Insofar as curing takes place by means of UV radiation, the formulations of the invention comprise at least one photoinitiator which is able to initiate the polymerization of ethylenically unsaturated double bonds. Such photoinitiators include benzophenone and benzophenone derivatives such as 4-phenylbenzophenone and 4-chlorobenzophenone, Michler's ketone, anthrone, acetophenone derivatives, such as 1-benzoylcyclohexan-1-ol, 2-hydroxy-2,2-dimethylacetophenone and 2,2-dimethoxy-2-phenylacetophenone, benzoin and benzoin ethers, such as benzoin methyl, ethyl and butyl ethers, benzil ketals, such as benzil dimethyl ketal, 2-methyl-1-[4-(methylthio)phenyl]-2-morpholinopropan-1-one, anthraquinone and its derivatives, such as β-methylanthraquinone and tert-butylanthraquinone, acylphosphine oxides, such as 2,4,6-trimethylbenzoyldiphenylphosphine oxide, ethyl-2,4,6-trimethylbenzoylphenylphosphinate and bisacylphosphine oxides. These photoinitiators are, where necessary, employed in amounts of from 0.05 to 20% by weight, preferably from 0.1 to 10% by weight, and in particular from 0.1 to 5% by weight, based on the polymerizable components A, B and C of the formulations of the invention. If the formulation of the invention is cured by means of electron beams, the use of photoinitiators can be omitted. When electron beam curing is employed, the formulations of the invention may additionally contain colored pigments.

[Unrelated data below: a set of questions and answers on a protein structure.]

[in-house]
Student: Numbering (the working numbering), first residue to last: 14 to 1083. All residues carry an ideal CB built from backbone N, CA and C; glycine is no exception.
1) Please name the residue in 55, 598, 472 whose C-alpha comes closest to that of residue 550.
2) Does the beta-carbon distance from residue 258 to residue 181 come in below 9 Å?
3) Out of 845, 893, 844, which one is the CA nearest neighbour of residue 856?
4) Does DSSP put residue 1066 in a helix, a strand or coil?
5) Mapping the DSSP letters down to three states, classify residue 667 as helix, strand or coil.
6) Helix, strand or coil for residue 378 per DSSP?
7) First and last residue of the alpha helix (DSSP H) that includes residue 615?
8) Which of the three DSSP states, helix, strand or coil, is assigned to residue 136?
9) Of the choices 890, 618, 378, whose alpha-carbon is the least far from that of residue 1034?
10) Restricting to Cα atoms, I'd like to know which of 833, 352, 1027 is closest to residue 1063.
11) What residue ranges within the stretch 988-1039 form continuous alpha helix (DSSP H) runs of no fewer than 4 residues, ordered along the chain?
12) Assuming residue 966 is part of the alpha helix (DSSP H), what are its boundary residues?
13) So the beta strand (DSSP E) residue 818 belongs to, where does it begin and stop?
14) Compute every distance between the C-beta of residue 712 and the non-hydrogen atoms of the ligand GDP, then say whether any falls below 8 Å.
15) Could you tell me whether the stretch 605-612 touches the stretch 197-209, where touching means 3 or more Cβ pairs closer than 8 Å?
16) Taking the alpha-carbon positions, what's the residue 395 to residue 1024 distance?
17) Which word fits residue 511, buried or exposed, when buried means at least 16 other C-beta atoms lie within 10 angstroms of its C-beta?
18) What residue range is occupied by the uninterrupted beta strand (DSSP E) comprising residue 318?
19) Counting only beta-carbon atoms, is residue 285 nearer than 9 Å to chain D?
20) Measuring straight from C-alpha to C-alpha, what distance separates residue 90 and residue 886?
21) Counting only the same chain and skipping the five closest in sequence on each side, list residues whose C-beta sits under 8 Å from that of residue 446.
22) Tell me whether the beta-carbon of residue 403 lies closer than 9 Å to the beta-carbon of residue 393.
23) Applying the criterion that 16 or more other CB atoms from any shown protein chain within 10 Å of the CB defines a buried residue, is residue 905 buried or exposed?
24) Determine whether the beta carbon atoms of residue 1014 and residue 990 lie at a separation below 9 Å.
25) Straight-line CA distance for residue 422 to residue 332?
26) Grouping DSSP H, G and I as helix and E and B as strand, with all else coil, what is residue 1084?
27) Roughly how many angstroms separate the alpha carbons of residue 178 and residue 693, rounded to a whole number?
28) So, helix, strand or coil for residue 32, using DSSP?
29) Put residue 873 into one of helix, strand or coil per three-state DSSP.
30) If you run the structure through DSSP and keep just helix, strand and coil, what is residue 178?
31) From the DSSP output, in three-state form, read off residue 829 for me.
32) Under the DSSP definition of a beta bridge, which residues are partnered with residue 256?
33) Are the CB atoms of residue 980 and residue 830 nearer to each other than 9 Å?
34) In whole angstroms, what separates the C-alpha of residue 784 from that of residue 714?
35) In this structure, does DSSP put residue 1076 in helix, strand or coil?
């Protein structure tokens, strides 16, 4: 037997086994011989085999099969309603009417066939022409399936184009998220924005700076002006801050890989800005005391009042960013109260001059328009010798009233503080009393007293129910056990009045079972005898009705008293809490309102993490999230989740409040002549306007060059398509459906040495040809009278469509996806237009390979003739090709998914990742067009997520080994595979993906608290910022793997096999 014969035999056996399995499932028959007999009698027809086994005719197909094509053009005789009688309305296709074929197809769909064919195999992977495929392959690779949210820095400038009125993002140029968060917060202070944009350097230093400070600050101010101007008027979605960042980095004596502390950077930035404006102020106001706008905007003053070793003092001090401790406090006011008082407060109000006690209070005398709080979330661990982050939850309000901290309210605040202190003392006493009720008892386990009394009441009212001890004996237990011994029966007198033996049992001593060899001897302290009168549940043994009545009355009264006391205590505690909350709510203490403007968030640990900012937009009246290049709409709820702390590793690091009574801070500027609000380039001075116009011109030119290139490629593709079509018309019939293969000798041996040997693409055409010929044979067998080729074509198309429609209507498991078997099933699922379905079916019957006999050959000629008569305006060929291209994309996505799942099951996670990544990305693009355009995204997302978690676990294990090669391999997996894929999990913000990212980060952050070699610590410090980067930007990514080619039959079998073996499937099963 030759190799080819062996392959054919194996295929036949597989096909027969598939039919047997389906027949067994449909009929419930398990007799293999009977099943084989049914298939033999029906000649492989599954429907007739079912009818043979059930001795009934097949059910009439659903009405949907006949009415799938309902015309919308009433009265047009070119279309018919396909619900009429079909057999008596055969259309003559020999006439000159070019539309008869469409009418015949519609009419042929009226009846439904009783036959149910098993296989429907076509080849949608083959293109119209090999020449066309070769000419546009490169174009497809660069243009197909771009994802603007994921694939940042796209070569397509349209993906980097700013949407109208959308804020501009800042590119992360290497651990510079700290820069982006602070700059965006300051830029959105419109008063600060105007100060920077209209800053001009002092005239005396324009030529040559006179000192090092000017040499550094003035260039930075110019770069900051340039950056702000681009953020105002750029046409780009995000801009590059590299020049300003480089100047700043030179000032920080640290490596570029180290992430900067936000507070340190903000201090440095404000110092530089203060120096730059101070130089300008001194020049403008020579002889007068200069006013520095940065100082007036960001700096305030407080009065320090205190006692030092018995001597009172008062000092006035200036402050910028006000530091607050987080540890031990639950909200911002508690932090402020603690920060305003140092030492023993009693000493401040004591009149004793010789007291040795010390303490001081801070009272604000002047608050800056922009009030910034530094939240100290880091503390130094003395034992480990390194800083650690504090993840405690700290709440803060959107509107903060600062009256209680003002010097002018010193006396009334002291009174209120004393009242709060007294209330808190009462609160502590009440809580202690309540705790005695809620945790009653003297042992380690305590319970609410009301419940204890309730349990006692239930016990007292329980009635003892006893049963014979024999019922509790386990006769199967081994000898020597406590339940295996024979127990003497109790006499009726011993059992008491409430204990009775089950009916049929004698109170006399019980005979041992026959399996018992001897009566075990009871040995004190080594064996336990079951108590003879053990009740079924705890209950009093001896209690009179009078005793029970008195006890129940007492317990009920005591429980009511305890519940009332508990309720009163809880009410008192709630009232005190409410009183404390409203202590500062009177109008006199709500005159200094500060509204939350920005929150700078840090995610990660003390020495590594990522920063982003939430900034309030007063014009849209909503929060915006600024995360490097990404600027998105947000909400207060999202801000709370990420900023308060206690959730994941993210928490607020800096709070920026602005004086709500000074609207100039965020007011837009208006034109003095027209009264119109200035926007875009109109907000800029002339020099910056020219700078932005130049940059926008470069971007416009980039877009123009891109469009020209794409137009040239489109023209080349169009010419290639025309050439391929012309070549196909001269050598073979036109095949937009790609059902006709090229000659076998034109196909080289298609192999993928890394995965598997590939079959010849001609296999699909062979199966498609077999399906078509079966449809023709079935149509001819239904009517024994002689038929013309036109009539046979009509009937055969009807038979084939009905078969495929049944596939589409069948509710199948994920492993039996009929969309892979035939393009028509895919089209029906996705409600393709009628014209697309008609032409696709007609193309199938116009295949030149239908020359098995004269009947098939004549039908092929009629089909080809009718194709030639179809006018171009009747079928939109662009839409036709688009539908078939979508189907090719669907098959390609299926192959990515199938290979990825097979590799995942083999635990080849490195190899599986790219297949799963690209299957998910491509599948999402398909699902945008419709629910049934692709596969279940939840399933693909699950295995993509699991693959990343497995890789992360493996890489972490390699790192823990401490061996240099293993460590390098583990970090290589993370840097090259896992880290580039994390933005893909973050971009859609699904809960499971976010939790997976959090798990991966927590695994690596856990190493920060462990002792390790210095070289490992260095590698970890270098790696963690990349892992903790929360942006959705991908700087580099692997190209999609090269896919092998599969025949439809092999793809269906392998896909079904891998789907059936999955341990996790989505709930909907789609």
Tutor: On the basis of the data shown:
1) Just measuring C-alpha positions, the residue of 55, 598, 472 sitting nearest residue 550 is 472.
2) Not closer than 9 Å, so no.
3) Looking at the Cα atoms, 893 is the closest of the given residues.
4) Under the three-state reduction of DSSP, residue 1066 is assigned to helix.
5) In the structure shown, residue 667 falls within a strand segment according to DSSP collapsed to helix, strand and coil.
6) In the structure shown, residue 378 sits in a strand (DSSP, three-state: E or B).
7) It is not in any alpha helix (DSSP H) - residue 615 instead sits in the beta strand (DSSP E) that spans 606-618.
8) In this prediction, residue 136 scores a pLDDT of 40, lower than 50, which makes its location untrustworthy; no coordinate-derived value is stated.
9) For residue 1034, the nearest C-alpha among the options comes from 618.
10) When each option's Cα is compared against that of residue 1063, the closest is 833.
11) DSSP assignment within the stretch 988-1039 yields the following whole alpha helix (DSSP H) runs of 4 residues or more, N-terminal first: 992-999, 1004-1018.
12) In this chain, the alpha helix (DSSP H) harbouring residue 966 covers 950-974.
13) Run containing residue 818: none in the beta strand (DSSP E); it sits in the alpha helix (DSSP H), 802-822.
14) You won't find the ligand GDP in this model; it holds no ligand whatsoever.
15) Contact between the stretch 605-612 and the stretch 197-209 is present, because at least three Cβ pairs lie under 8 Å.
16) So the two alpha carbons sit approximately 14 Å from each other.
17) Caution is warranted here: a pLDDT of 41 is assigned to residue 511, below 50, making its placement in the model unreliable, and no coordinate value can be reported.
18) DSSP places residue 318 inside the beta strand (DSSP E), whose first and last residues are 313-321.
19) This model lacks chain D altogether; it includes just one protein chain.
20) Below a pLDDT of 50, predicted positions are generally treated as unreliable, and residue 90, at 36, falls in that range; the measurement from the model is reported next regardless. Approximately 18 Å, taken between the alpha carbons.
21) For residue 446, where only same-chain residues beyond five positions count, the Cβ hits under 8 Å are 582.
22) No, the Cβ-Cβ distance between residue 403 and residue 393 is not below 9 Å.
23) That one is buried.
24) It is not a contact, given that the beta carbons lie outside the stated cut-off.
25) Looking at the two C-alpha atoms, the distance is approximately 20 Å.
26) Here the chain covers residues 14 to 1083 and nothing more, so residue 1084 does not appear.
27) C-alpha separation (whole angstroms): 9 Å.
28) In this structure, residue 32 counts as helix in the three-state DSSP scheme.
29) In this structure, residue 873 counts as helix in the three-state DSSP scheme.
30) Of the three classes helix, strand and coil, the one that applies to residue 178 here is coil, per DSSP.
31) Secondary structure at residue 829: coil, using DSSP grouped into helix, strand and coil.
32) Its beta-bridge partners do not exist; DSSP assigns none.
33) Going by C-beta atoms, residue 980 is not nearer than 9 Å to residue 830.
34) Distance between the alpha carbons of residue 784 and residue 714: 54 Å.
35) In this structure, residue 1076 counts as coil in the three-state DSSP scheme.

Preferably, the formulations of the invention contain no pigments or fillers. In addition, the formulations of the invention are preferably free from inert, nonpolymerizable solvents.
The formulations of the invention are prepared by blending the components in a conventional manner. Blending may take place at room temperature or at up to 100° C. and is effected, for example, by means of customary mixing equipment such as stirring vessels or static mixers.
The formulations of the invention are found to be particularly appropriate for the coating of substrates such as wood, paper, plastic surfaces, mineral construction materials, such as shaped cement blocks and cement fiber slabs, and especially for metals or coated metals.